As I have mentioned before my brother writes a blog called Decoding my Autism. This week he posted something that spoke to my heart as an autism mom and sister. So with permission I am posting it here. It is an open letter from my younger brother, and what he wishes he could have told us.
What I wish I could have told you
Looking back on my life, I know there were times where I was confusing, frustrating, or just bewildering to my parents, teachers, and others. They didn’t understand my behavior, and I couldn’t explain to them why I did what I did.
I was reminded recently of a verse of Proverbs in the Bible: “Speak for those who cannot speak for themselves.”
And I’m going to start by speaking for my younger self. What follows is an open letter to my parents, teachers, and other people around me when I was growing up. Hopefully, it will help you.
To My Mom
Mom, I’m sorry that I was a picky eater. I didn’t know how to tell you that some foods and textures just looked weird to me. They didn’t appeal to me at all, I refused to try them, and I know it made things harder.
Mustard was a strange yellow color. Potato salad seemed too lumpy. Broccoli, unless well cooked, often made me gag – it wasn’t dislike, it was a simple gag reflex due to the texture. And I’m sure there were others that I’m not recalling now.
But I like those foods now, and I wish I would have been willing to try them sooner. I love potato salad. Mustard I like, although plain yellow mustard still looks weird to me – I prefer a nice, stone-ground mustard. (I’ve become a foodie.)
Broccoli, I will admit, I’m still a little leery of sometimes.
To my Dad
Dad, I’m sorry for the times when it seemed I was arrogant, or that I had to be right.
I saw the world a certain way, and I couldn’t see it any other way. The world was a scary, confusing place for me that I had trouble making sense of.
I had carved out a certain worldview to make sense of that chaos, and I think I had defended it out of a sense of self-preservation.
And I was definitely tactless and argumentative in defending that worldview. I know we got annoyed with each other. And it led to us arguing at times.
I’m sorry for the times we fought.
To My Teachers
To my teachers, I’m sorry for how confusing I could be at times. The classroom was a confusing place for me, and I just didn’t understand the social rules of the classroom that my peers did, except for the laid-out classroom rules.
I feel especially bad for my fourth-grade teachers. I started bursting out in tears in class, for no apparent reason.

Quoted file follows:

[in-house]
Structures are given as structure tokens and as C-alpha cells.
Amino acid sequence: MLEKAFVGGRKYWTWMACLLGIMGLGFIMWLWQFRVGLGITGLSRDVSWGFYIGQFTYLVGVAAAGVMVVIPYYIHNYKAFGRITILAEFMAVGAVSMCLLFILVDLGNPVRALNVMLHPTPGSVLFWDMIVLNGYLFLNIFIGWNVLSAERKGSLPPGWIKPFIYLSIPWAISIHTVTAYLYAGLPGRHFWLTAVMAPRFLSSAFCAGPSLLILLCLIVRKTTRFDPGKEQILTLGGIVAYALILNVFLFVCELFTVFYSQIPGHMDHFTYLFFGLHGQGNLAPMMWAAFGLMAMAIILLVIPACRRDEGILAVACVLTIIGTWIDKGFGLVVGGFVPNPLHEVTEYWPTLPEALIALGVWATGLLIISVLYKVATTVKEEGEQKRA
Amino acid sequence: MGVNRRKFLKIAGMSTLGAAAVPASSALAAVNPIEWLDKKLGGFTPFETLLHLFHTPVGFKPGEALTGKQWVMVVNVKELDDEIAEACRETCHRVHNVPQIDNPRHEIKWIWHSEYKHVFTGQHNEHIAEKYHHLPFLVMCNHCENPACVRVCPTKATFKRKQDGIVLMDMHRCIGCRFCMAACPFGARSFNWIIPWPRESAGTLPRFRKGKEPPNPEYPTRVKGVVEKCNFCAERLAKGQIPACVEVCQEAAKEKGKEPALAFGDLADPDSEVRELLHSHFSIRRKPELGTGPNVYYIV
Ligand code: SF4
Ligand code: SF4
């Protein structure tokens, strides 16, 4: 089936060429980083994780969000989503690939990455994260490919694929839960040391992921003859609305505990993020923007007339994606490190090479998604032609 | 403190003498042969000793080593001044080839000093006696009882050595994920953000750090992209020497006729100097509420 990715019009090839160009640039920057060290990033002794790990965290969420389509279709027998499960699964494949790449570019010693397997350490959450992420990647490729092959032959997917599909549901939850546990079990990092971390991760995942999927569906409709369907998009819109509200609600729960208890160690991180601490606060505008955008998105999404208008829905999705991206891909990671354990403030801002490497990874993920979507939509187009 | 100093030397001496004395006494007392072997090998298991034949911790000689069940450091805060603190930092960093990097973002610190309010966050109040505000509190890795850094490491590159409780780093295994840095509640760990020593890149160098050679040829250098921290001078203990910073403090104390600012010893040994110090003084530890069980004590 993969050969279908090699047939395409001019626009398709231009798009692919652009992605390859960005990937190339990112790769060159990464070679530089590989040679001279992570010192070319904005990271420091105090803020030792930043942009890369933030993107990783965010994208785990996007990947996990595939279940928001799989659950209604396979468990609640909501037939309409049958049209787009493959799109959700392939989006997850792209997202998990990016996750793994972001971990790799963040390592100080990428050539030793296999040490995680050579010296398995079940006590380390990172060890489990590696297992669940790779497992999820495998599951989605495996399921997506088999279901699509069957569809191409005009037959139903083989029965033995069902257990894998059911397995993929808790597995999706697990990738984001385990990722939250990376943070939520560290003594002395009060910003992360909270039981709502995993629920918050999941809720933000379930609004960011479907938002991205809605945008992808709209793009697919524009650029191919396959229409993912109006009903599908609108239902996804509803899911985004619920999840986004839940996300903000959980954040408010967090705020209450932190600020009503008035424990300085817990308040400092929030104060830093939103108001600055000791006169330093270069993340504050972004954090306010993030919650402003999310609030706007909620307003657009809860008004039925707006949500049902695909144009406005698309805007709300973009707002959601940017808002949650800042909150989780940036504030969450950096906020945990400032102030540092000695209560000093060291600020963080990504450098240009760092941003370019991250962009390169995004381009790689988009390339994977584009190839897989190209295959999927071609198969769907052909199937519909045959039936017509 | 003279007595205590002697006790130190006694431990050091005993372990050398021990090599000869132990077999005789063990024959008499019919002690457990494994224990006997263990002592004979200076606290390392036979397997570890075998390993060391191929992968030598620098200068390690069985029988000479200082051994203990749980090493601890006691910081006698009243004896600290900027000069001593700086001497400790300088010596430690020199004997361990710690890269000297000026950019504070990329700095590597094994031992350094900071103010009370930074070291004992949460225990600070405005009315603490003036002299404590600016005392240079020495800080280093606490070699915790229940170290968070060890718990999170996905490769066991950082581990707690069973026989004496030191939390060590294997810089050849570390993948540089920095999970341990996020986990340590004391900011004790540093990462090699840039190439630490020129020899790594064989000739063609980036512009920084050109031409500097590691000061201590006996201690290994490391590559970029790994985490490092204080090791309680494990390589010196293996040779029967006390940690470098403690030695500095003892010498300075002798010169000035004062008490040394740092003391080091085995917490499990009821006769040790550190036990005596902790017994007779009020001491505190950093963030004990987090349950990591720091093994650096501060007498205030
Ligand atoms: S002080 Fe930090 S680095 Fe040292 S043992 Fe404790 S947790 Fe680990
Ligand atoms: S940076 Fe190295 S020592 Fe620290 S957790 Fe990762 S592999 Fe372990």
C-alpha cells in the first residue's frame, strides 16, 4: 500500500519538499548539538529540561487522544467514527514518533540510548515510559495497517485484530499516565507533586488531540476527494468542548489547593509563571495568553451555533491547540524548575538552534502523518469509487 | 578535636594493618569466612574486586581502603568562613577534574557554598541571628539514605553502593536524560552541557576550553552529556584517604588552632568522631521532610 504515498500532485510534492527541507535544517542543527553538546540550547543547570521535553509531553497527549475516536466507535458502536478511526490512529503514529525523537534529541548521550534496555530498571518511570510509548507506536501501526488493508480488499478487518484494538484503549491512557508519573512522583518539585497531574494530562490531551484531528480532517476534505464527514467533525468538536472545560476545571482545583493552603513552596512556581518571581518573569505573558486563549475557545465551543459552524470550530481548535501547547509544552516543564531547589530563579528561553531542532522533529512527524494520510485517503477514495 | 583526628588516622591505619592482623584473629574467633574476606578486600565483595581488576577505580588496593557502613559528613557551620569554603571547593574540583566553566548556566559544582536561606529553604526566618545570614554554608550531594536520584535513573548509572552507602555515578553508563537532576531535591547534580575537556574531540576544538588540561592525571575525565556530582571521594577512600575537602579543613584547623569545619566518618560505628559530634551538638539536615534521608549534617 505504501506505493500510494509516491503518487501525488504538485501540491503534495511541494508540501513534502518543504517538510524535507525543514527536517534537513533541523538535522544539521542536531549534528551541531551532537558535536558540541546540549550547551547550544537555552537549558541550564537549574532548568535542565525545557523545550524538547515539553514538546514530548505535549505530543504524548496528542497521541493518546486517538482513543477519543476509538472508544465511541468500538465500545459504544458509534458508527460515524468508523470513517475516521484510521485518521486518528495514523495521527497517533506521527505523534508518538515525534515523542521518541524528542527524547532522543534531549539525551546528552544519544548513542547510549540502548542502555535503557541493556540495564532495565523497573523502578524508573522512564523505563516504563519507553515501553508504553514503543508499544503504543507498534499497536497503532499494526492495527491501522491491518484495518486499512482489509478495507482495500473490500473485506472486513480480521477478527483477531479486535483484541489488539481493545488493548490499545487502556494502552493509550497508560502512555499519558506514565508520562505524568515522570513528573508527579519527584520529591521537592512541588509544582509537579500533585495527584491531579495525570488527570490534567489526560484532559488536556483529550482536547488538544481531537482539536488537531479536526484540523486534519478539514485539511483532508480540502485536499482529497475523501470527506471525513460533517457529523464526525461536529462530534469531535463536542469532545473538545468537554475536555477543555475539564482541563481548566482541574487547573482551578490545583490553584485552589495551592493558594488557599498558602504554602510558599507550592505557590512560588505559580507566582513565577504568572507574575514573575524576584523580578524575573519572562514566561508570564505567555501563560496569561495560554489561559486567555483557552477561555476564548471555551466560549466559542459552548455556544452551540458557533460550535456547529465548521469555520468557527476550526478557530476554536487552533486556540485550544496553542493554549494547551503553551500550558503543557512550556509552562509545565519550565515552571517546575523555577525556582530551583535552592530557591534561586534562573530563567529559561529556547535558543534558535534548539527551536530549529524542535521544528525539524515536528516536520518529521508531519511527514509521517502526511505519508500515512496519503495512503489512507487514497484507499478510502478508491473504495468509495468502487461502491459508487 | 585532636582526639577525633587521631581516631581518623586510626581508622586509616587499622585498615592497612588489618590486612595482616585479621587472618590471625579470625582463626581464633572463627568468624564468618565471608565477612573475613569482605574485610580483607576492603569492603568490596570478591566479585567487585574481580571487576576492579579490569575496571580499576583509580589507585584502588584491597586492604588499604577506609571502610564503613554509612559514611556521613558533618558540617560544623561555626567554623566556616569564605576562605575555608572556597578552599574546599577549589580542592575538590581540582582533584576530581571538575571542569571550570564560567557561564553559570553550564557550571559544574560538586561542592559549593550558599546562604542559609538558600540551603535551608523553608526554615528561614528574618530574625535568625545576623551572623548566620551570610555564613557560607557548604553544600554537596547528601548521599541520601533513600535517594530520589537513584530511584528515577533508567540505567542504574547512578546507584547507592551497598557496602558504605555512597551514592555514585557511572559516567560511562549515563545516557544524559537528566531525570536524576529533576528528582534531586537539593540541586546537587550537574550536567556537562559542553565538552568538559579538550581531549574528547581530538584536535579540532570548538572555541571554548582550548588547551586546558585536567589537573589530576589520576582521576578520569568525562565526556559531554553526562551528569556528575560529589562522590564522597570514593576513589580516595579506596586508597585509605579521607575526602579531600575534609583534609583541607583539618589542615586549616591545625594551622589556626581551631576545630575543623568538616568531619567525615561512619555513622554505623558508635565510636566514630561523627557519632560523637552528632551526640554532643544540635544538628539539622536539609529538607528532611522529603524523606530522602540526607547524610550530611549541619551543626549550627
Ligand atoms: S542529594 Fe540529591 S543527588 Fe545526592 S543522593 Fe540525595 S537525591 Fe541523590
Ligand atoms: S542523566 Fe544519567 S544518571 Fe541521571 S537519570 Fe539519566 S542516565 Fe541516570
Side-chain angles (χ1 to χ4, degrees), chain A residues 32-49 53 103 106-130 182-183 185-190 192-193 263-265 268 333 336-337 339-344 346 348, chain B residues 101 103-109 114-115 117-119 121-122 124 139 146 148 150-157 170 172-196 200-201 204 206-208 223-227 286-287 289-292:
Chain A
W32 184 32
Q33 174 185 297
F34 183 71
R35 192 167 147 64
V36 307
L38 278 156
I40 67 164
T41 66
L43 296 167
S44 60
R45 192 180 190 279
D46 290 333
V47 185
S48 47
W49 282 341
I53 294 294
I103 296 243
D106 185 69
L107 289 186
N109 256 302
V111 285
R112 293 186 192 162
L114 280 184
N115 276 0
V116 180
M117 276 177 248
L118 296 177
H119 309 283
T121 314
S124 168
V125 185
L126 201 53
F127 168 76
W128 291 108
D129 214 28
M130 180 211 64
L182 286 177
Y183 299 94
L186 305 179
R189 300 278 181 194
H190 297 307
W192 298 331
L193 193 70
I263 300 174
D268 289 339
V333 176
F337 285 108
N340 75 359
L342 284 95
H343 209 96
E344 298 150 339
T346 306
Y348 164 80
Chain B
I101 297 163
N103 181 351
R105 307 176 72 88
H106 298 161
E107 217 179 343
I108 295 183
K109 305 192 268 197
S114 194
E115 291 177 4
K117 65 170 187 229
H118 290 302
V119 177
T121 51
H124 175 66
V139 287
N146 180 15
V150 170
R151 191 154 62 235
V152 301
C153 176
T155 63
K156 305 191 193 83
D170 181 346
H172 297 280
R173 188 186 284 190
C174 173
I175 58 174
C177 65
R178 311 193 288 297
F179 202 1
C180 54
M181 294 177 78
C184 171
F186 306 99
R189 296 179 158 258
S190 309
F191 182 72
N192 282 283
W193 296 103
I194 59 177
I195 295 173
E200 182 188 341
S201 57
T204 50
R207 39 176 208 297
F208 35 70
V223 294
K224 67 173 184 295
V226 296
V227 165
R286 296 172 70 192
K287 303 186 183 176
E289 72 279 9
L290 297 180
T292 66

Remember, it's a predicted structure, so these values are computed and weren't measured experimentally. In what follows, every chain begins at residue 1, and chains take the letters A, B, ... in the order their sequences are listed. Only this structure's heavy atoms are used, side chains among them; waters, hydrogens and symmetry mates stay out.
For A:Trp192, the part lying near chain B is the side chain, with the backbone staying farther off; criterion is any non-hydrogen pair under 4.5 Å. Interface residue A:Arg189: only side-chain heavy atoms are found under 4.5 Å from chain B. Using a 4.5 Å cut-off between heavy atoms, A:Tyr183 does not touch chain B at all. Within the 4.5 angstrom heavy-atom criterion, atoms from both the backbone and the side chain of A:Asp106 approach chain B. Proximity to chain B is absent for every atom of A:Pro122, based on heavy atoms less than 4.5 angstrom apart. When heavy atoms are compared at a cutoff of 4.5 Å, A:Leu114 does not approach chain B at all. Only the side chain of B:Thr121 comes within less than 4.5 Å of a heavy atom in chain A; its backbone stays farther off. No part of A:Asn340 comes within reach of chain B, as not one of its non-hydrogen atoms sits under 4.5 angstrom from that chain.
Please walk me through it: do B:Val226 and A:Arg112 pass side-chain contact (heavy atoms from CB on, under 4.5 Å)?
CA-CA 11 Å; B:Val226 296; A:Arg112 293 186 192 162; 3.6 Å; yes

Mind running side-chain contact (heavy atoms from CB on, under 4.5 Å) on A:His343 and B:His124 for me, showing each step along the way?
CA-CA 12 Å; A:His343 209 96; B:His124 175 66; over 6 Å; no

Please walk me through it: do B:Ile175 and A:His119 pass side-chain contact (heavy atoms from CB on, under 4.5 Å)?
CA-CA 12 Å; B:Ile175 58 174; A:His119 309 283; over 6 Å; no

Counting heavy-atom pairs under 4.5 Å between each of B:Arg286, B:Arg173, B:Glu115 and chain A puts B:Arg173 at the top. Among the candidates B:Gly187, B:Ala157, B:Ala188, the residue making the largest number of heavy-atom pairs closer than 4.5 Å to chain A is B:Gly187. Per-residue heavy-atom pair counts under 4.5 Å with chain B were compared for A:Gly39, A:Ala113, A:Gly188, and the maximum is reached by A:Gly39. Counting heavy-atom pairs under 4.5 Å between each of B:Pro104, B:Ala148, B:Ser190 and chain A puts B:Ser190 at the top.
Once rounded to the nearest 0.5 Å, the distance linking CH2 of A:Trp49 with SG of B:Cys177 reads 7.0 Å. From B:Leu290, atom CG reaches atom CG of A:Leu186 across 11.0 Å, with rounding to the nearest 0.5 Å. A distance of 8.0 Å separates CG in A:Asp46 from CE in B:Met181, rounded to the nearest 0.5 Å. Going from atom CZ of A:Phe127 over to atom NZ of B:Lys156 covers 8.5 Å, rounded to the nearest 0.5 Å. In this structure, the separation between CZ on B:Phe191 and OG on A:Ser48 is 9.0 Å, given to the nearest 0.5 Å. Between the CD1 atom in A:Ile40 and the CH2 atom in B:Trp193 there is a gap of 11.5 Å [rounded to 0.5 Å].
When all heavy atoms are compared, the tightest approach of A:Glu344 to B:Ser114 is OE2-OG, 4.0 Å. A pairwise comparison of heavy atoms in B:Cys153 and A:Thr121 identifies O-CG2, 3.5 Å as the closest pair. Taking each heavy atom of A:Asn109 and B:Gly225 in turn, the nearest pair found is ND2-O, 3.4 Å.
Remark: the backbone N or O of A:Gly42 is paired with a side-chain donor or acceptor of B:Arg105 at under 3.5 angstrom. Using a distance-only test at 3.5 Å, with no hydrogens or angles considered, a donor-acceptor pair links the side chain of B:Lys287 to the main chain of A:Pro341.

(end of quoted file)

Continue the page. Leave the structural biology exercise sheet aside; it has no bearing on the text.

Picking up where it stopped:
I think that year, the gap between what I understood socially and what I was expected to understand, reached its peak. I became overwhelmed, and tears started to flow.
My teachers had no idea what was going on. And we didn’t either. High-functioning autism was barely known at the time, Asperger’s Syndrome had just been made an official diagnosis the year before, and we wouldn’t figure out I was autistic for another couple years. At the time, I was just a kid who got overwhelmed with no explanation.
To Everyone else
To my parents and everyone that had to deal with my nervousness in dealing with talking to people on the phone, I’m sorry. Talking to people on the phone was scary because it was confusing and unpredictable.
It was hard to know what kind of reaction I would get. Would the person be nice? Helpful? Impatient? Annoyed?
On the phone, I was entirely dependent on my words. And I wasn’t good at getting words to come out the way I wanted.
I got nervous and wouldn’t be able to think clearly as to what I should say. Things would come out wrong. And I was scared of saying the wrong thing and people getting mad at me.
To be honest, I haven’t shaken this fear and discomfort yet. Making phone calls is still hard for me. There are people in my life that still have to deal with my reluctance to call people on the phone.
There are many more things that I wish I could have said to many more people. There are lots of little moments where I wish I could have explained what was going on and apologized to the people I upset with things I said or did.
And so, I write this blog, to help you better understand when you and your loved one are facing similar, and hopefully say the kinds of things they wish they could.
Abby is capable and caring. She is learning more about Autism and parenthood every day. Having completed training to be an RBT (Registered Behavior Technician) for ABA therapy she is beginning to understand her son. And even though she is the first to admit she makes a lot of mistakes, she is so grateful to be on this journey. She comes from a family with many autistic members. She invites us to join her, as she shares her adventures. She wishes to emphasize that Autism is a difference not a defect. If you or a family member have autism, Abby wants you to know that the challenges can be overcome, and there are blessings in autism. You or your loved one are not sick or broken. Together we will teach the world this new language.